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I have two discrete distributions $\tau$ and $\rho$ with the same support $\Omega$. I'm considering a weighted mixture of these distributions described by the following function: $$ f(w) = (1-w) \cdot \tau + w \cdot \rho, ~~ \text{where} ~~ w \in [0,1] $$

I'm particulary interested in very special case of Kullback-Leibler divergence / relative entropy: $$ KL(f(w), \rho) = \sum\limits_{i \in \Omega} ((1-w) \cdot \tau_i + w \cdot \rho_i) \cdot \ln (\frac{(1-w) \cdot \tau_i + w \cdot \rho_i}{\rho_i}) $$

Generally, $KL(f(0), \rho) \geq 0$ and decreases towards $KL(f(1), \rho) = 0$ as $w$ goes from $0$ to $1$.

I would like to formally assure that this very specific case of Kullback-Leibler divergence is MONOTONICALLY decreasing, because I wonder if there's a possibility of such phenomenon that I would call "cannot escape from the valley", which is depicted below:

enter image description here

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    $\begingroup$ It is continuous and I think it is monotonically decreasing as w goes from 0 to 1, but haven't proved it. I think, but with less confidence, it's a convex function of w over that range. Anyhow, unless you're really worried about execution speed, just throw it in any descent pre-canned nonlinear equation solver which allows the 0 <= w <= 1 bound constraints, or alternatively, nonlinear optimizer with bound constraints using $(KL-C)^2$ as objective function. If KL(0) >= C >= 0, and is strictly monotonic, there should be unique solution. Bisection would also work. Maybe try Math board for proof. $\endgroup$ – Mark L. Stone May 9 '16 at 2:06
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    $\begingroup$ None of these methods require monotonicity. If you don't have it, there could be a possibility of multiple solutions to KL(w) = C, but you should still find at least one of them. Note that in this comment and previous comment, I used abbreviation of KL(w) meaning what you wrote as $KL(f(w),\rho)$ $\endgroup$ – Mark L. Stone May 9 '16 at 2:09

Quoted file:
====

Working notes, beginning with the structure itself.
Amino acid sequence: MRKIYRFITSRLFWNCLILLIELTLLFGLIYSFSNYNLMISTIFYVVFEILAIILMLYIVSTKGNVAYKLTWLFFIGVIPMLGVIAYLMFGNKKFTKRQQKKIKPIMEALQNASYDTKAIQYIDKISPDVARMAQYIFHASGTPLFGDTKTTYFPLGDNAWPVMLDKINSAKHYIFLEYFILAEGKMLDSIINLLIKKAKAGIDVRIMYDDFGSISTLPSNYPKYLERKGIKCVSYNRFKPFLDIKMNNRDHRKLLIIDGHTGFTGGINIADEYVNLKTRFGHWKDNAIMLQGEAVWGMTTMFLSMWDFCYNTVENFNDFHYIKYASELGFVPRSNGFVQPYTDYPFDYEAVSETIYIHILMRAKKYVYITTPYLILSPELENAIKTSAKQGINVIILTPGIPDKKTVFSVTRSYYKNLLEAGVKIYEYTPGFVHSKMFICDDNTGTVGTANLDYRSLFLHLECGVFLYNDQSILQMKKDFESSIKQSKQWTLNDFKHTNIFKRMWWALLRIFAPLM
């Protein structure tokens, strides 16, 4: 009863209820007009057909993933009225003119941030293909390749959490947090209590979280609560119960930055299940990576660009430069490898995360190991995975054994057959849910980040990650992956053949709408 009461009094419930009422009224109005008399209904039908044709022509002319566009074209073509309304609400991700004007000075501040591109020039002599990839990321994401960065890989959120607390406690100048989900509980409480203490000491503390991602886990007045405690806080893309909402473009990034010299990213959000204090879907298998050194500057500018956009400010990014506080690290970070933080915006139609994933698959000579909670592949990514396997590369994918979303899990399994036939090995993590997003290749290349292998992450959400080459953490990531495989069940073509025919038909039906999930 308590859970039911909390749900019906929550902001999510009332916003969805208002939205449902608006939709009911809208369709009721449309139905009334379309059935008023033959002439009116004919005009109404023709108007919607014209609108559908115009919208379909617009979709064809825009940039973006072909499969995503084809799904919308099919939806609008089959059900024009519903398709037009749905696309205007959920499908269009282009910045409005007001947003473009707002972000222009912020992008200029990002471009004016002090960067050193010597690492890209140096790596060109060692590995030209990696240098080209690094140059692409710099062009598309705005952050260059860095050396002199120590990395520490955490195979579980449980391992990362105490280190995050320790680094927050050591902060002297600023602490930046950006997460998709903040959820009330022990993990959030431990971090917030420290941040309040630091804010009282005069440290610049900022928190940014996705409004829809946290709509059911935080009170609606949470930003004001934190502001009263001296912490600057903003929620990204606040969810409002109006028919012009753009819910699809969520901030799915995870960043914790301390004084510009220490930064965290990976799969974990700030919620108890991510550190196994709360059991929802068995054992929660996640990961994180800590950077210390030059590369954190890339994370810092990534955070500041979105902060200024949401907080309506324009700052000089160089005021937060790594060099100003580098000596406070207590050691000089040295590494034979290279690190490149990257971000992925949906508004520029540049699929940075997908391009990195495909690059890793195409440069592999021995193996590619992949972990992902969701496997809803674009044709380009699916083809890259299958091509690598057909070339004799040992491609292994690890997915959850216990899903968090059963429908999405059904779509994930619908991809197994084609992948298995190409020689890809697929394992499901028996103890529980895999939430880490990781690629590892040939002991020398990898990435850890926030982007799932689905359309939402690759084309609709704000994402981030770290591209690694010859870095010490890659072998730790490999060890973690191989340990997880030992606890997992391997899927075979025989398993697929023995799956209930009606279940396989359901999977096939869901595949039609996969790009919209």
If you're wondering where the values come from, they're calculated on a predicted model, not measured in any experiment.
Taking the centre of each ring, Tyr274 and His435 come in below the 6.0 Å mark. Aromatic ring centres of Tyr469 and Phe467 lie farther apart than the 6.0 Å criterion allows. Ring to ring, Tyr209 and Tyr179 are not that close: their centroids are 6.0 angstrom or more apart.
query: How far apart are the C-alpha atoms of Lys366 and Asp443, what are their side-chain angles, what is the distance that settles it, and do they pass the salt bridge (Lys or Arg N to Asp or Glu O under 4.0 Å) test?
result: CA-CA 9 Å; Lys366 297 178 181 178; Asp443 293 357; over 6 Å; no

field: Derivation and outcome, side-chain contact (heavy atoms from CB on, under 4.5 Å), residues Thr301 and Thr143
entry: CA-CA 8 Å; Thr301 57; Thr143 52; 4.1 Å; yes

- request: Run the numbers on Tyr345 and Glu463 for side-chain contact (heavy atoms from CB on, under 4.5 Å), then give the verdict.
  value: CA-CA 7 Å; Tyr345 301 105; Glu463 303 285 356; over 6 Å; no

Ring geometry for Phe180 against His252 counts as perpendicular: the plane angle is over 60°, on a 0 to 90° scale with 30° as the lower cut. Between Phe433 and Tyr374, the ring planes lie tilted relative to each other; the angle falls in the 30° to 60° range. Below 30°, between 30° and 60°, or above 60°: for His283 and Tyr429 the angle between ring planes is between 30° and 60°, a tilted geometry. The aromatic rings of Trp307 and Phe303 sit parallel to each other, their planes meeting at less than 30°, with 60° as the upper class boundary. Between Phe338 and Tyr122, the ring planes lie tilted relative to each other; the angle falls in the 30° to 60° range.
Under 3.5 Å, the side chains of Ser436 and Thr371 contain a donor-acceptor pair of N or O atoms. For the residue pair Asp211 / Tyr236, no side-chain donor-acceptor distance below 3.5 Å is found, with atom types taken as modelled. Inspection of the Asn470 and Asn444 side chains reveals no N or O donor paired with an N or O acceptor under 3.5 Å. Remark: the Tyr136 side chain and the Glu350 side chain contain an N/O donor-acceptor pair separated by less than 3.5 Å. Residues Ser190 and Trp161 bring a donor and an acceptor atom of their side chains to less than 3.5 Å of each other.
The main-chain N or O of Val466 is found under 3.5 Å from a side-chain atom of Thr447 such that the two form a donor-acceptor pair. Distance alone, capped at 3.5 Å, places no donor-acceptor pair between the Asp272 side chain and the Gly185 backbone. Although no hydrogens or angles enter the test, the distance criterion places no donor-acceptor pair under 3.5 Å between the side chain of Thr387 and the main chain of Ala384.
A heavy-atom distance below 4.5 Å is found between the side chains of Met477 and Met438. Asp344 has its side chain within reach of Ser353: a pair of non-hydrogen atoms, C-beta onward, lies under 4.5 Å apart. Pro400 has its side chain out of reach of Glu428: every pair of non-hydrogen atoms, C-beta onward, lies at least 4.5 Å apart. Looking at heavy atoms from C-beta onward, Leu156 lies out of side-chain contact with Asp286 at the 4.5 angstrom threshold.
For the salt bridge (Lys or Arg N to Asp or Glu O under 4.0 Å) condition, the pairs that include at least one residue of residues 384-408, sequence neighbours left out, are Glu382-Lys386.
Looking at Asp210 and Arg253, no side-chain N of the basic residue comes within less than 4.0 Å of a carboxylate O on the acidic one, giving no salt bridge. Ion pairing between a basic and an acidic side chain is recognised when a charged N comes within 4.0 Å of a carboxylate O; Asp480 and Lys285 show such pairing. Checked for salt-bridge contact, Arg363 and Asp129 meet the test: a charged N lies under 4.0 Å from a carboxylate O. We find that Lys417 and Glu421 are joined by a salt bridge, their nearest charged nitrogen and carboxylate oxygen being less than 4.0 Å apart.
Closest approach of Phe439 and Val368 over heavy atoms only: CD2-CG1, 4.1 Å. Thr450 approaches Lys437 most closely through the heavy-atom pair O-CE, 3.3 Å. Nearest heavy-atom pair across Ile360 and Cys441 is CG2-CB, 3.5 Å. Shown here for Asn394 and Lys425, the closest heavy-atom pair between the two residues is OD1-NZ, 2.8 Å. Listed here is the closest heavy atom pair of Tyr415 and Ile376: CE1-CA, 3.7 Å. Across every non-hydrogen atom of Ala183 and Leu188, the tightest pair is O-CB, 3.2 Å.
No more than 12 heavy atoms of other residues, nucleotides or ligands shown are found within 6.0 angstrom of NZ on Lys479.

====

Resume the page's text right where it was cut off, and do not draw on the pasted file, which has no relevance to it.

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    $\begingroup$ Examine the second derivative of $f$ with respect to $w$. $\endgroup$ – whuber May 9 '16 at 13:07
  • $\begingroup$ @gung I hope this reworked form of my question is sufficient, especially that with some hits by whuber I solved my problem. So, if you find it as still irrelevant, I would delete it completly. $\endgroup$ – Adam Przedniczek May 10 '16 at 15:18
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According William A. Huber comment, which solves the problem and proves that this function is monotonically decreasing: The second derivative is always non-negative. $$ h_i''(w) = \frac{(\rho_i - \tau_i)^2}{\rho_i} \cdot \frac{1}{(1 - w) \cdot \frac{\tau_i}{\rho_i} + w} $$ $$ (1 - w) \cdot \frac{\tau_i}{\rho_i} + w = (1 - \frac{\tau_i}{\rho_i}) \cdot w + \frac{\tau_i}{\rho_i} ~~\text{this is linear function of $w$} $$ This linear function from denominator takes values from $[\frac{\tau_i}{\rho_i}, 1]$ or $[1, \frac{\tau_i}{\rho_i}]$, thus the whole second derivative is non-negative, hence convex and I won't get such "valley".

As William cleverly pointed out, that's no the end, because I still must prove that this function is decreasing. I can accomplish that by using $h_i$ convexity and Jensen's inequality: $$\forall_{t \in [0,1]}~ h(t \cdot w_1 + (1-w) \cdot w_2) \leq t \cdot h(w_1) + (1-t) \cdot h(w_2) $$ Let's fix $w_2 = 1$ for which $h(w_2) = h(1) = 0$. Now, $w_3 = t \cdot w_1 + (1-w)$ denotes some point to the right of $w_1$ (between $w_1$ and $1$): $$\forall_{t \in [0,1]}~ h(t \cdot w_1 + (1-w) \cdot 1) \leq t \cdot h(w_1) $$ So, we have $w_1 \leq w_3$ and thankfully $h(w_1) \geq h(w_3)$, thus this function is monotonically decreasing.

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    $\begingroup$ You're halfway there: you still can get a valley with a positive second derivative (consider a parabolic function near its vertex, for instance). But since the second derivative doesn't vanish, the first derivative cannot turn around. You still need to establish that the first derivative is everywhere negative. $\endgroup$ – whuber May 9 '16 at 15:18

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